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Review: 'Sundreams and Angus McOg'
'Live At Biddle Bros, Clapton'   

-  Genre: 'Indie' -  Release Date: '6.5.23.'

Our Rating:
This was a Leninist Coronation Party or something along those lines led by Italians Angus McOg who are still as obsessed with Scottish indie music as they were the last time I saw them 4 years ago, this time they are over promoting the bands new album Cirrus.

The four-piece opened with the gentle intro of Cirrus scattering careful notes across Biddle Bros as Antonio Tavoni made sure the rain spattered streets were evoked through the lyrics as well.

Lou felt like it was leading the way towards a brighter day as Enrico Pasini's piano lines seem to take over with a delicacy that accentuated all the vocals nicely. For Anorak Luca Torregianni switched his drumsticks for mallets that helped him to get a sort of hushed sound that worked perfectly with Enrico's trumpet part, as they searched for the beauty.

Currents kept things slow thoughtful almost ponderous as those mallets built a crescendo. Parts took us back to 1968 as Luca switched back to drumsticks and Antonio strapped on his electric guitar to weave some magic against the Chet Baker inflected trumpet parts.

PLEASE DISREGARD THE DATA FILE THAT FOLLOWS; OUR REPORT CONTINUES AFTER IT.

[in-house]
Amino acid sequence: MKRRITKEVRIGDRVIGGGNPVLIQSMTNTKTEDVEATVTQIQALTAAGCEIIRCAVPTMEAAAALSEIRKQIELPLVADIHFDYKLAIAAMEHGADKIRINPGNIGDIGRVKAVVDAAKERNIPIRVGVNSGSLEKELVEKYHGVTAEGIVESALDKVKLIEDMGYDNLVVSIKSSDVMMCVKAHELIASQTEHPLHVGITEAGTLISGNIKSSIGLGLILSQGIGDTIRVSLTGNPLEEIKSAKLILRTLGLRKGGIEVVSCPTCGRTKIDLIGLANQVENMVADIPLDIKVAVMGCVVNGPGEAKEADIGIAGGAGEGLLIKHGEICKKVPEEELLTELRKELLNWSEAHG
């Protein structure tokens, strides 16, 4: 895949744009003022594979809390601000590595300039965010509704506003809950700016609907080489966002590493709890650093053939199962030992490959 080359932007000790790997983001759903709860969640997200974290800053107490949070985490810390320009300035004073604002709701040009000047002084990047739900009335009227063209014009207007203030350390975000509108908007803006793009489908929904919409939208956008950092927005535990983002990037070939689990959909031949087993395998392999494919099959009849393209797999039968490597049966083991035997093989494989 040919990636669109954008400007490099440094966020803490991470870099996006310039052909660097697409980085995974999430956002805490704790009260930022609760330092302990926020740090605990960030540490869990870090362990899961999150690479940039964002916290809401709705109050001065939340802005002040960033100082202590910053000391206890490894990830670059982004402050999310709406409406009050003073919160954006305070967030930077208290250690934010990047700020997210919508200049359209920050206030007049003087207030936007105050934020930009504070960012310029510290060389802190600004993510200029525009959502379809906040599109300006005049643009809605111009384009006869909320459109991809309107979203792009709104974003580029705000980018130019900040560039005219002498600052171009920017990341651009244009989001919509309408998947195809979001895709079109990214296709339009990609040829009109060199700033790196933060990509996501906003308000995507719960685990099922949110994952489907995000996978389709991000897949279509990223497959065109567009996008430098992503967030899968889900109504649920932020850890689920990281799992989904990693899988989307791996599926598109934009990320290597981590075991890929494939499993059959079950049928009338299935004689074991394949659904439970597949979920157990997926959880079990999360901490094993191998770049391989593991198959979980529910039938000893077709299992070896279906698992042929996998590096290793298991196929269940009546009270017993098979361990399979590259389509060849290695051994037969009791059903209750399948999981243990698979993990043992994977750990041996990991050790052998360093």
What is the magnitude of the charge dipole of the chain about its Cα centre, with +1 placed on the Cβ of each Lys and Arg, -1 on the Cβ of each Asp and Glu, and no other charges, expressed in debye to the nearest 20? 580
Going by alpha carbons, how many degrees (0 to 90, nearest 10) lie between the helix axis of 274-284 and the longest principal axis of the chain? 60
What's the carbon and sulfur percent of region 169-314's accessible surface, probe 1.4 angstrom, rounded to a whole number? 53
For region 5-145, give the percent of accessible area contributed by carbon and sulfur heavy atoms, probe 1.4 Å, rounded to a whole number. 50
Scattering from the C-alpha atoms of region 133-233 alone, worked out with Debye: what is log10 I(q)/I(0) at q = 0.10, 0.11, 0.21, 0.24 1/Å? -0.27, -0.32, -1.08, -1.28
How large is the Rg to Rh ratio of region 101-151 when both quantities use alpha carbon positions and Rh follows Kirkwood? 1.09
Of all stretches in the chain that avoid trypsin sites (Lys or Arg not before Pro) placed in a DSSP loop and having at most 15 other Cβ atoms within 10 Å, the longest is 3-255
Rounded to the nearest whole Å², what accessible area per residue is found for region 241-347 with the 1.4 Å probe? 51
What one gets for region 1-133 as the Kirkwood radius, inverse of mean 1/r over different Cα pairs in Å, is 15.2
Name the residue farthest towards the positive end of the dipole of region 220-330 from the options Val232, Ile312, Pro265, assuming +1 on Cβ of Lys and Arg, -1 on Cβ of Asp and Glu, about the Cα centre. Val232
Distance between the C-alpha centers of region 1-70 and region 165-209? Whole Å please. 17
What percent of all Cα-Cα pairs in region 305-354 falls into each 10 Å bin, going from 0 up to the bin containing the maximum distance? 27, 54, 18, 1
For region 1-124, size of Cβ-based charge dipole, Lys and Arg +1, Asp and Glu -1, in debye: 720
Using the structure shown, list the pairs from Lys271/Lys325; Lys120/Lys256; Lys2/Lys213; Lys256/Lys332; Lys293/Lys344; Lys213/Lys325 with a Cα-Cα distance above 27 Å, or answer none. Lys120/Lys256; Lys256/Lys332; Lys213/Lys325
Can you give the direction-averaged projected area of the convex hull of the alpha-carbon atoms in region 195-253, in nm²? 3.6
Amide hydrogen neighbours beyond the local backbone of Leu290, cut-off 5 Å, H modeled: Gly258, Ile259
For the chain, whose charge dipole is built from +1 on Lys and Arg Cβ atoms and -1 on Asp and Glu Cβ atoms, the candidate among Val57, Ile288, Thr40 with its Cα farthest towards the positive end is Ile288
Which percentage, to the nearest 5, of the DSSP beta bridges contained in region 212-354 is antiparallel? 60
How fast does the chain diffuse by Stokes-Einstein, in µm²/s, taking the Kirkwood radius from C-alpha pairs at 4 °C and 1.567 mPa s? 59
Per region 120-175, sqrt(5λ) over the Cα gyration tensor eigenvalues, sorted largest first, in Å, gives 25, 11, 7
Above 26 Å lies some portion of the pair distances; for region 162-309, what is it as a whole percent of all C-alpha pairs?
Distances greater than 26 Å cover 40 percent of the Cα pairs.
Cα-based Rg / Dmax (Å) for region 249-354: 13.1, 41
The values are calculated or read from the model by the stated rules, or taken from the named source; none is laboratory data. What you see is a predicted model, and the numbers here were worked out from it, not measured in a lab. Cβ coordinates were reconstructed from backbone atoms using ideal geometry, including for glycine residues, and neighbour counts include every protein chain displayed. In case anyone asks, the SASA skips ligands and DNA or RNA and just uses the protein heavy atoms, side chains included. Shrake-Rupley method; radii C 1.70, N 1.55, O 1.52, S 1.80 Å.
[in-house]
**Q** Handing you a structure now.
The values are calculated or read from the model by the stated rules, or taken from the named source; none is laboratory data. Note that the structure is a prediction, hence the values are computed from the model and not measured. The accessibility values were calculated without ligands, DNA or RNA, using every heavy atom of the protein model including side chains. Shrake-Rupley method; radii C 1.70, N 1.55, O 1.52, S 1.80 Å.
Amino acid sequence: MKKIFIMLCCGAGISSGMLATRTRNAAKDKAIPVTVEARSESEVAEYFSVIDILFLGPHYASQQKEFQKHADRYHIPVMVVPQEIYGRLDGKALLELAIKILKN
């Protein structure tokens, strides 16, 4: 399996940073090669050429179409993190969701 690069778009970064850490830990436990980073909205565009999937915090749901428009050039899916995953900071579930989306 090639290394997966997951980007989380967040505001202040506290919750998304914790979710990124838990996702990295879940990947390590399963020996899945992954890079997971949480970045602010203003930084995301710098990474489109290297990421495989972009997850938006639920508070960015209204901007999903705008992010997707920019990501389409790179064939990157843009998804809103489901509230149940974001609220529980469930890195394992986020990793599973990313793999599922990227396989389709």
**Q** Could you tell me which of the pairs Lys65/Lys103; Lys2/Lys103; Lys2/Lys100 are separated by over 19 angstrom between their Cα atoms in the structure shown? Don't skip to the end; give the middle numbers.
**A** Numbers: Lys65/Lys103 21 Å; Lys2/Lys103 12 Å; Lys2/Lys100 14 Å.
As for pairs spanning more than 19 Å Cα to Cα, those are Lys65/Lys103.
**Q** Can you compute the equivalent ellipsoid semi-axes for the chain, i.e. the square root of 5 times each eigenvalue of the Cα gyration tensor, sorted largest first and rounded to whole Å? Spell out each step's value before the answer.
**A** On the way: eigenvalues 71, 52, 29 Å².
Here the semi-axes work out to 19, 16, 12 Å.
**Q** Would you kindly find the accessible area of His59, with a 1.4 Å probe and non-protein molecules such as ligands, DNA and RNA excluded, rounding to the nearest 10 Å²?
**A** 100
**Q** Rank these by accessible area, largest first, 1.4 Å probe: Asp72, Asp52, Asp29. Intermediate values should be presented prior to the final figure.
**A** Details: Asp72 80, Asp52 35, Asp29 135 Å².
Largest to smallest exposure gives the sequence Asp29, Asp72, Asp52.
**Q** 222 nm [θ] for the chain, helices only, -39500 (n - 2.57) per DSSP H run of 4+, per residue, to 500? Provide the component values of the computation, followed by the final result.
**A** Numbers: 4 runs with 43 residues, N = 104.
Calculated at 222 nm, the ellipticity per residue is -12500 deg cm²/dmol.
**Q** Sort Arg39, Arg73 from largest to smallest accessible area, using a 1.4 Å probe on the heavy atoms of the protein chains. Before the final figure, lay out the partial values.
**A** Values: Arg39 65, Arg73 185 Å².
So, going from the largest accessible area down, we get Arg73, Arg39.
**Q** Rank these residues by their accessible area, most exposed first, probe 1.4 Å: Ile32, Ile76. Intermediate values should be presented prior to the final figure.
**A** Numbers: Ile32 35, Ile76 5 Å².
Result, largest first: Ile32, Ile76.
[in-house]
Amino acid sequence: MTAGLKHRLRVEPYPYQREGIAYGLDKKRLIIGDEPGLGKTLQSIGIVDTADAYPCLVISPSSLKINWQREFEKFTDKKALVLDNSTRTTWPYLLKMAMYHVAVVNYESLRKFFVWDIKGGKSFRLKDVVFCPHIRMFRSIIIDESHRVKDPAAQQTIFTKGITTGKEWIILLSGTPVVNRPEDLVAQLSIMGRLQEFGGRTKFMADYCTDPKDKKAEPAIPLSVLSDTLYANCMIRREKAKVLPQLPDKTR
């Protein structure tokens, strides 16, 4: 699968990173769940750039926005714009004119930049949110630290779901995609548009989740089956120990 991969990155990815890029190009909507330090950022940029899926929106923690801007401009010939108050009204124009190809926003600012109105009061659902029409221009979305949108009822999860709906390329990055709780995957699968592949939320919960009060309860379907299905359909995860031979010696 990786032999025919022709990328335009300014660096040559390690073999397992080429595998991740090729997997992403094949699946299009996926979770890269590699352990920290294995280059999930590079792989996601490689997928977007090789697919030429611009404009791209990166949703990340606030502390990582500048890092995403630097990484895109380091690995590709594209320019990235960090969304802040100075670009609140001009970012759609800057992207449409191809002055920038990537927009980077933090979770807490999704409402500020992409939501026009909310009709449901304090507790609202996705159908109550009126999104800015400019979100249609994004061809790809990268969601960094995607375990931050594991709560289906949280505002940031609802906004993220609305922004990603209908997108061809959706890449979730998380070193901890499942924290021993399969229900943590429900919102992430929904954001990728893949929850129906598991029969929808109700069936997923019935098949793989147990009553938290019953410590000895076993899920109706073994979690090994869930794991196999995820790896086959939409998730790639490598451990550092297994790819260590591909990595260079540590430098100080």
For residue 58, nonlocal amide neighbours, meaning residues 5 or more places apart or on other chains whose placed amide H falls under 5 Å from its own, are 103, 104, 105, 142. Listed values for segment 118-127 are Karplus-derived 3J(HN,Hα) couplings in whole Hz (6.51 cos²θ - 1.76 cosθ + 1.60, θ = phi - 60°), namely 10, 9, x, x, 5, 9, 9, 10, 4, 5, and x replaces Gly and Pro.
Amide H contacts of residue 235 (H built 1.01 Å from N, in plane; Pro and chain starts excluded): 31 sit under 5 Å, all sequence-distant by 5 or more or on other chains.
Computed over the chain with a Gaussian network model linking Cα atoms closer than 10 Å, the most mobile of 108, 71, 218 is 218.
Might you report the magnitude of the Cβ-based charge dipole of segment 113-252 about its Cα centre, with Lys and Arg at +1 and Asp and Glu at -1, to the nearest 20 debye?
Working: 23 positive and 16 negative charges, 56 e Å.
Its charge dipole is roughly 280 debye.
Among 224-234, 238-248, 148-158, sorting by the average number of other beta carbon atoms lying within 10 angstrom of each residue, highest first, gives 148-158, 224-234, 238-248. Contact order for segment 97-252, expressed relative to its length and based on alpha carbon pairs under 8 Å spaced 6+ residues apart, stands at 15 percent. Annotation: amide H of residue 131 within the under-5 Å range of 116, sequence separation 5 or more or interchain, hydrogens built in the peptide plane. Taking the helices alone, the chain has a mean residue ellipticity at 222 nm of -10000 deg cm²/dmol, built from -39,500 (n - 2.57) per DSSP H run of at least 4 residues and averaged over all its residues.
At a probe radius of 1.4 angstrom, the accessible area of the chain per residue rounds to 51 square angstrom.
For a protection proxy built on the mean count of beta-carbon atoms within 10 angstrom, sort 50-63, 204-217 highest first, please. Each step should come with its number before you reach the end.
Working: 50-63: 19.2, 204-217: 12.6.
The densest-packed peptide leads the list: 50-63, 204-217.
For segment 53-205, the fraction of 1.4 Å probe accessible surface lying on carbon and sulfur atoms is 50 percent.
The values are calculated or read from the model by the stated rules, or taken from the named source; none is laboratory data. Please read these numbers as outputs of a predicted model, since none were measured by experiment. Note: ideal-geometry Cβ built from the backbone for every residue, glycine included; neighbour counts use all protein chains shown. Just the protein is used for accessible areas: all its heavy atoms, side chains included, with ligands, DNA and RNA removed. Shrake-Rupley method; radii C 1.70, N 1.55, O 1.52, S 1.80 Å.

Chances saw Antonio switch to the piano and Enrico pick up his tambourine as well as his trumpet as they got almost kind of bluesy in places. Between The Lines was more swapping of instruments and was rather sinuous. Luca switched back to the mallets for Sirens that felt like they were stretching out ready for the 24-hour show Antonio sang about.

Angus McOg's set closed with first a long intro and explanation for how Communist Party Party makes sense in Italy in ways it doesn't in the UK or even more so the USA before the bands most raucous and upbeat song let rip and it really did feel like they'd brought the party atmosphere to East London.

Next on were Sundreams a new four piece from East London who were playing there first ever full band show which is why I'm guessing at what they played as they opened slowly and tentatively with a song that the female singer was telling someone that As Long As You Still move she'll still be yours.

Run At The Waves had a very gently funky edge to it's fey indie moves. Endless Wanderer is a song of yearning for someone with that endless need to always be on the road to the next place the next destination. The next song that was based around the old gospel tune Peace In The Valley had some good harmony vocals and the two guitarists were working well together.

The next song had a bit of a morose edge to it as they told us all the things we needed to Stop before they closed with the bands single The City Is Ours that was a good anthemic way to end the evening.
  author: simonovitch

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